US envoy leadership style criticised
Posted Saturday, August 11 2012 at 23:30
- Scott Gration accused by State Department of failing to engage Kenyan leaders over corruption
Outgoing US Ambassador Scott Gration exhibited “uninspired and uninvolved leadership” due to his reluctance to engage Kenyan leaders on corruption or other major issues, the State Department says in a highly critical assessment issued on Friday.
In his first year as US envoy, the retired Air Force major-general met no more than half of the prominent Kenyans he had been urged to see during his first 100 days in the post, says the report by the department’s Office of Inspector General.
“Several of those he met subsequently conveyed a message of complaint to the embassy about the ambassador’s patronising tone,” the detailed 62-page report adds. “The ambassador has lost the respect and confidence of the staff to lead the mission,” the evaluation finds.
It notes that of more than 80 chiefs of mission recently assessed, Ambassador Gration ranked last in regard to interpersonal relations. The Kenya envoy, who resigned his post in anticipation of the new report, also ranked next to last in managerial skill and attention to embassy staff morale.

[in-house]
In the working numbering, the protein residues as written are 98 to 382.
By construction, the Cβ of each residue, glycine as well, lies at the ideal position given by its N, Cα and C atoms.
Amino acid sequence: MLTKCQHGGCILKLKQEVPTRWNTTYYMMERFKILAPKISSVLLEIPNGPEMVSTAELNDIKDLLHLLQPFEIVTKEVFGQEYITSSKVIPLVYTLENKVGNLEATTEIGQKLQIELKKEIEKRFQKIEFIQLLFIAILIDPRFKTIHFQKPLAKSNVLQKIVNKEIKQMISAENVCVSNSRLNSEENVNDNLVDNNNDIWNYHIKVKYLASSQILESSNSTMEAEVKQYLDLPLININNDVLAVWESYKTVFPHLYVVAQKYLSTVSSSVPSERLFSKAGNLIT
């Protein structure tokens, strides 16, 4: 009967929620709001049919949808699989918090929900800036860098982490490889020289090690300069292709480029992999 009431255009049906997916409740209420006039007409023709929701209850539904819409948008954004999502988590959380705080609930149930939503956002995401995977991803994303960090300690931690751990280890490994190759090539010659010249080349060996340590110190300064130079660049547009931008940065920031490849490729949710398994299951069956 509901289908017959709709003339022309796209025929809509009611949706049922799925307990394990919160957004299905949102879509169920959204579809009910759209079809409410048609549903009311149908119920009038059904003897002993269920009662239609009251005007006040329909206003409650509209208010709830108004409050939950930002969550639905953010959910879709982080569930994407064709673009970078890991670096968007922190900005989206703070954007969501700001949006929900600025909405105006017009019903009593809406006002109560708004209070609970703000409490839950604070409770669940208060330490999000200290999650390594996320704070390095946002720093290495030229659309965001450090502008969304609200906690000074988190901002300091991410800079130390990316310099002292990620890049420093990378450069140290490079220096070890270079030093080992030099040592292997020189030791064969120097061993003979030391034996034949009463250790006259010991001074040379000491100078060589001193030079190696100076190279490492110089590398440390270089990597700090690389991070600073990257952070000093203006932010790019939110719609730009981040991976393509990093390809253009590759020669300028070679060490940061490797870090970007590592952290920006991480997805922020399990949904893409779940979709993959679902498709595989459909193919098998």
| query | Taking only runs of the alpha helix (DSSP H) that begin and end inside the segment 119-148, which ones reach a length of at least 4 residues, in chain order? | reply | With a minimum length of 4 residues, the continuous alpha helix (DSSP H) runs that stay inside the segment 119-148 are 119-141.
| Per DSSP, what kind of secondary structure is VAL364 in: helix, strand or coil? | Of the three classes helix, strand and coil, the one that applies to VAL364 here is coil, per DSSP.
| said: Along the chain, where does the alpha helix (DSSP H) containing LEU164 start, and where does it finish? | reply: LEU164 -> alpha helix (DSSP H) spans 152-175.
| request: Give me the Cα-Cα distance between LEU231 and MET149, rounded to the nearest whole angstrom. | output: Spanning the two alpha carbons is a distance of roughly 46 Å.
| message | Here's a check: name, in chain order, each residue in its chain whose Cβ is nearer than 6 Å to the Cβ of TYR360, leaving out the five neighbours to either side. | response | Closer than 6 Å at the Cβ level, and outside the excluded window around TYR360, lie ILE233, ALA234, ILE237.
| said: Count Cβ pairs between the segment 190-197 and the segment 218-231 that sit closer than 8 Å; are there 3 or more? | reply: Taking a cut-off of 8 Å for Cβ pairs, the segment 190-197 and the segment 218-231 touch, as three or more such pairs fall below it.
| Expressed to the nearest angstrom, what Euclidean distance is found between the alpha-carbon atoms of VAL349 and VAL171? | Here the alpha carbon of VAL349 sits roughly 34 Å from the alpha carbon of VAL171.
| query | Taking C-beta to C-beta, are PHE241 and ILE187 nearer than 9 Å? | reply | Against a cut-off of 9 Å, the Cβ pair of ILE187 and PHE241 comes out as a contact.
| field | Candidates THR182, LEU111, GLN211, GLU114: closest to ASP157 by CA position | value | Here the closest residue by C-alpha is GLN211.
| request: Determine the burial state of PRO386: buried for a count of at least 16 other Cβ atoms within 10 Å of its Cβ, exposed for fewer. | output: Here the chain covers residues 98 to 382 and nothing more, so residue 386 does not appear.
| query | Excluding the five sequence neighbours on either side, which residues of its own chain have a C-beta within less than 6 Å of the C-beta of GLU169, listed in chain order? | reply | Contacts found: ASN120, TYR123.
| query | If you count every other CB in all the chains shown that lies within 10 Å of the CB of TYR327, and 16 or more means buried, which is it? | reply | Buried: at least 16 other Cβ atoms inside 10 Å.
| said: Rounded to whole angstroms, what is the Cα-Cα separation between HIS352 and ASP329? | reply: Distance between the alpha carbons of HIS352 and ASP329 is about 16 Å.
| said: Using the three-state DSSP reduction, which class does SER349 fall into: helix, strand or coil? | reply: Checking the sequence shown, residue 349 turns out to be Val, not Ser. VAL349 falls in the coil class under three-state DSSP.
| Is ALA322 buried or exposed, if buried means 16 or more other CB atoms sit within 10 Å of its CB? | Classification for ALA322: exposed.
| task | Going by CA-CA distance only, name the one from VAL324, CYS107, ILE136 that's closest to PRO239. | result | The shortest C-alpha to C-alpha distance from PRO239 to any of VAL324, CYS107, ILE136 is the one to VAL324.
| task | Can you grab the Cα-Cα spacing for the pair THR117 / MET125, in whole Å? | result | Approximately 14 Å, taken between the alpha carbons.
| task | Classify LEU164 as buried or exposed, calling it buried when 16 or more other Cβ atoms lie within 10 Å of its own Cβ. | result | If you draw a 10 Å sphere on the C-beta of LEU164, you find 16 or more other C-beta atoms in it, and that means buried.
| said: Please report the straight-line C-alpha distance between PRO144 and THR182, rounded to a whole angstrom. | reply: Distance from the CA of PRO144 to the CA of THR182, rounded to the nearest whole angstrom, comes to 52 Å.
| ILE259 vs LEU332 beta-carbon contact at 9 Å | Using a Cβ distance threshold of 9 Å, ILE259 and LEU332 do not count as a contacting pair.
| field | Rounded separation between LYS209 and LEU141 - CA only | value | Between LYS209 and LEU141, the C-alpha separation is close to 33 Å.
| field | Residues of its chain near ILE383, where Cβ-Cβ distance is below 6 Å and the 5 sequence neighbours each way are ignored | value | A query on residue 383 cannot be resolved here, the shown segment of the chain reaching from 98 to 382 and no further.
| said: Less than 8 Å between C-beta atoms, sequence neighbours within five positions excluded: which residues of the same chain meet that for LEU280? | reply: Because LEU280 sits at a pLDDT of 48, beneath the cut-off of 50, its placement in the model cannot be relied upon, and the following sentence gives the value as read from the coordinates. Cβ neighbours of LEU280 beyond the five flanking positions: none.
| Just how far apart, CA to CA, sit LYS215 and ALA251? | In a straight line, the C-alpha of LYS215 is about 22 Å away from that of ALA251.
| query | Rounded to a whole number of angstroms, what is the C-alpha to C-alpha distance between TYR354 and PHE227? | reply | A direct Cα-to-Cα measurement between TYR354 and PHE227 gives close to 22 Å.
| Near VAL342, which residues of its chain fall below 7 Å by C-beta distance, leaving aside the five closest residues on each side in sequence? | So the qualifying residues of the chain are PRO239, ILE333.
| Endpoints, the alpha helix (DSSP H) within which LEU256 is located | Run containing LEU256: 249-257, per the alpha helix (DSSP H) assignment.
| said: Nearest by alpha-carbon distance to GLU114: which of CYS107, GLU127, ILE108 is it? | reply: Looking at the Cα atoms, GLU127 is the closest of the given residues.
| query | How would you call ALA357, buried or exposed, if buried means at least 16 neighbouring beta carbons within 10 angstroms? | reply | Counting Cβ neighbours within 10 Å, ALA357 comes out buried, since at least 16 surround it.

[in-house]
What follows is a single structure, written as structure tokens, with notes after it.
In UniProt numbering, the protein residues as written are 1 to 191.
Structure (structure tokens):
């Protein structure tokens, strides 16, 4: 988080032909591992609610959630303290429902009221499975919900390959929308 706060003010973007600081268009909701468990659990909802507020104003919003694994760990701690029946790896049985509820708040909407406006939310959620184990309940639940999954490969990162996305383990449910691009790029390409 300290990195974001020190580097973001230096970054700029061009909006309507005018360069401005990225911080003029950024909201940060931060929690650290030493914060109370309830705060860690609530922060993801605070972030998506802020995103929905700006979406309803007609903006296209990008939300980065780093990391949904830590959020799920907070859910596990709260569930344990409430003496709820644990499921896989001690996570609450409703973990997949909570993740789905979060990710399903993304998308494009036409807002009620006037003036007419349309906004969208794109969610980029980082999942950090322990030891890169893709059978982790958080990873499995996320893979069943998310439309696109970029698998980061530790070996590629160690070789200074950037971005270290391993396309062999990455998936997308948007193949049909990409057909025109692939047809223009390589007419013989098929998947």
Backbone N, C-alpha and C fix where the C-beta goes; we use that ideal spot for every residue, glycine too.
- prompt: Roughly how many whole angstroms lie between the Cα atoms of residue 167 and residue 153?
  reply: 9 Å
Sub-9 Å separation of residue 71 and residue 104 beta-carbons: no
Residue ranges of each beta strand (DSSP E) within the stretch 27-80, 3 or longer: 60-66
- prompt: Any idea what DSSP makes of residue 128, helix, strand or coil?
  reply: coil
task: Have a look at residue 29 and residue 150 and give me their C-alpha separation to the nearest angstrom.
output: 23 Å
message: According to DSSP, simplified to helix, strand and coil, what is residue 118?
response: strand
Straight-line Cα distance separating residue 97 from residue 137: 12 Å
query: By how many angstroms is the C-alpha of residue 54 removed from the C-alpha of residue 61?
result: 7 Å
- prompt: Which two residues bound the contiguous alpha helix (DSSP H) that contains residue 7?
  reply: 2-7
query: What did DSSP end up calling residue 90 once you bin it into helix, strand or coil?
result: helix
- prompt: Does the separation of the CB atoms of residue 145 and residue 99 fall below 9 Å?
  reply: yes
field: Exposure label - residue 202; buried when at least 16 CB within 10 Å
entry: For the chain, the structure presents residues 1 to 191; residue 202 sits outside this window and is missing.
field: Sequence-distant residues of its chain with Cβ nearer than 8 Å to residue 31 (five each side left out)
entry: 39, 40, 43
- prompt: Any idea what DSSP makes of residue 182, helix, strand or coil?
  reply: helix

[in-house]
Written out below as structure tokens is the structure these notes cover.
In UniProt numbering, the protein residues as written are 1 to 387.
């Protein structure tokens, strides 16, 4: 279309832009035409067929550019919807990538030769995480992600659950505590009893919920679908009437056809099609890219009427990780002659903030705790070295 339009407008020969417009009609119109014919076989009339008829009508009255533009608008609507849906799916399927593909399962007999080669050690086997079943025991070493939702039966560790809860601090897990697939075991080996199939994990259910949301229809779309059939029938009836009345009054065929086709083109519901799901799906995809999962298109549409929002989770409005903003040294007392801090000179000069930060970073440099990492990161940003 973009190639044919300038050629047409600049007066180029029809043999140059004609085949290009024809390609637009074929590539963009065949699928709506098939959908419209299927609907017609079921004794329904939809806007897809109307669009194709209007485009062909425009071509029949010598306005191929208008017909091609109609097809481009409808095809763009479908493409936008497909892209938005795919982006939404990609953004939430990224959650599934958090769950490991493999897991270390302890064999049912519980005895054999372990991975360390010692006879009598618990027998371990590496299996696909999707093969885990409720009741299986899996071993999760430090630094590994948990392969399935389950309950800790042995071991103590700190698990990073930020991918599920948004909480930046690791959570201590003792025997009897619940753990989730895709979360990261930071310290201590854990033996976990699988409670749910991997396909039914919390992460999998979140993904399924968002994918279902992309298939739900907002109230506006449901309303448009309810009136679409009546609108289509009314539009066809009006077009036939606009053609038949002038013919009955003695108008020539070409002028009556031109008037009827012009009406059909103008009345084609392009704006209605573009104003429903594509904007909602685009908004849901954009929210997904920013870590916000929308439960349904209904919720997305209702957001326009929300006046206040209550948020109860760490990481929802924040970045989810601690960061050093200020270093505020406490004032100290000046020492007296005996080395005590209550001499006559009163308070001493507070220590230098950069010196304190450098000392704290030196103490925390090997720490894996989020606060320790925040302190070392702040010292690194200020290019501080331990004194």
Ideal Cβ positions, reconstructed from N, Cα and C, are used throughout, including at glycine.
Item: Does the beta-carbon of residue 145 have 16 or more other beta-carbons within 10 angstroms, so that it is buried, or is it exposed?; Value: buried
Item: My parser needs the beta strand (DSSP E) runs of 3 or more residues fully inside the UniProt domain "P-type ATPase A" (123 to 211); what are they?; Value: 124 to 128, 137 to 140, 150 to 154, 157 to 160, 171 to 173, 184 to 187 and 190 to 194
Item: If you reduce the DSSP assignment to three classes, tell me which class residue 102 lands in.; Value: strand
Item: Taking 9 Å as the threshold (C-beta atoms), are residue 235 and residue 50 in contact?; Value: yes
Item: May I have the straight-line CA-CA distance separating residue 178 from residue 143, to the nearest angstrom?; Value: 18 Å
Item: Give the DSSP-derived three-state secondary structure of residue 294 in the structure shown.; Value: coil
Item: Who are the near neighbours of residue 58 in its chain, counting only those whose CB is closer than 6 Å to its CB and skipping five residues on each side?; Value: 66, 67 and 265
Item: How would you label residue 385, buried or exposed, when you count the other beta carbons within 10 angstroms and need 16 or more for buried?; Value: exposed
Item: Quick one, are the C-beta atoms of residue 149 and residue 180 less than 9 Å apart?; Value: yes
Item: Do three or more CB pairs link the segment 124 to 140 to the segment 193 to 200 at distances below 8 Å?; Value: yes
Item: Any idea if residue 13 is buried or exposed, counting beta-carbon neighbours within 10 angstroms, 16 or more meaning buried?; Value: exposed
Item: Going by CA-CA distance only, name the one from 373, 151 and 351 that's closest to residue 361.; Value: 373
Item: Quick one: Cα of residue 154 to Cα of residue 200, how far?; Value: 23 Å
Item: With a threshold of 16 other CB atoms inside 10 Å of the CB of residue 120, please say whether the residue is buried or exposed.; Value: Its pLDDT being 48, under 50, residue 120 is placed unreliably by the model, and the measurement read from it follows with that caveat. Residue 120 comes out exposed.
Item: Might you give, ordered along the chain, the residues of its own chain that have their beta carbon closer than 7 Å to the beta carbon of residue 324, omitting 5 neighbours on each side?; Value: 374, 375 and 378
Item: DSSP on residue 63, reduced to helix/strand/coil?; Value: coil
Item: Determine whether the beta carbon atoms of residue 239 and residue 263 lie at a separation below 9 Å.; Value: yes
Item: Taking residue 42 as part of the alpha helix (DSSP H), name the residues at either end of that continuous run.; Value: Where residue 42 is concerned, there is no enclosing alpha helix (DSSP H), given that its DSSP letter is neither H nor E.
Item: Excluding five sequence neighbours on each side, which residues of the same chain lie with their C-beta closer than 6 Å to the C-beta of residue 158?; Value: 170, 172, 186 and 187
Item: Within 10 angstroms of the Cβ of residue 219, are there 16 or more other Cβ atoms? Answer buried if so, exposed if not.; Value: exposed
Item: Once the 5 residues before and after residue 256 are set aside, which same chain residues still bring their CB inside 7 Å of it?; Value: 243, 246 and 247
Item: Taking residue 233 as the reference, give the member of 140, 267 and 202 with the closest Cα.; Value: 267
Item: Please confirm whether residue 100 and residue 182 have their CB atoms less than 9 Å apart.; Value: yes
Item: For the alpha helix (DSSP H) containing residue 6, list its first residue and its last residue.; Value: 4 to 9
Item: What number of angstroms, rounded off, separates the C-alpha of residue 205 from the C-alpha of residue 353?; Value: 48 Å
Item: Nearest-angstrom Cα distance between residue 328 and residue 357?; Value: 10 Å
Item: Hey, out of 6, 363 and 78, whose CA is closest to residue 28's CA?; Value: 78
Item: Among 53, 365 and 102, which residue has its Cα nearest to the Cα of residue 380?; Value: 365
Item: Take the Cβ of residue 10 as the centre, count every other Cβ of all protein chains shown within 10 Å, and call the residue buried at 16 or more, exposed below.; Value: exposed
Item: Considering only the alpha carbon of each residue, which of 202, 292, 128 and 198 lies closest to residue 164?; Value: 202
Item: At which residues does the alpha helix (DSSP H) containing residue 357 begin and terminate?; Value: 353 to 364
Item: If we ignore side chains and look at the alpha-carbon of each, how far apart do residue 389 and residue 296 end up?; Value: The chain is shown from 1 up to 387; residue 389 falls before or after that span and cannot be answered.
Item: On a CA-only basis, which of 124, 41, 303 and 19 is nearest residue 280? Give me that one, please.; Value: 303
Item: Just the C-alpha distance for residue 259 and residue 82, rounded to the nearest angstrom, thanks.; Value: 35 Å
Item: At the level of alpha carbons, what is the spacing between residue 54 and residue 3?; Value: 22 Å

“The ambassador’s leadership to date has been divisive and ineffective,” declares the report on a review carried out in April.
Mr Gration was apparently as disengaged from senior embassy staff members as he was from top Kenyan officials.
Many of the US personnel interviewed for the inspector general’s report complained of “scathing criticism from and humiliating treatment by the ambassador”.
“He is rarely available to consult personally on evolving issues with senior staff, some of whom also tried unsuccessfully over a period of many months to schedule a time to brief him on plans and activities,” the review adds.
The report identifies Ambassador Gration’s reluctance to accept US Government decisions as his “greatest weakness”.
It points specifically to his disagreement with Washington policy decisions and directives regarding the creation of a freestanding Somalia unit within the US embassy in Nairobi. The ambassador is also faulted for using commercial email for government business, including “sensitive but unclassified information”.
“Notwithstanding his talk about the importance of mission staff doing the right thing, the ambassador, by deed or word, has encouraged it to do the opposite,” the report states.
In an interview on Friday with the Washington Post, Ambassador Gration said he is “disappointed” in the findings which, he charged, include many factual errors.
He rejected the assertion that he had failed to meet with many prominent Kenyans, saying “I met with every one on that list”.
Mr Gration suggested that his efforts to shift embassy priorities may have inspired the criticisms directed at him by staff members.
“I did rock the boat,” he told the Post. “I made changes in priorities, and changes can be very hard.”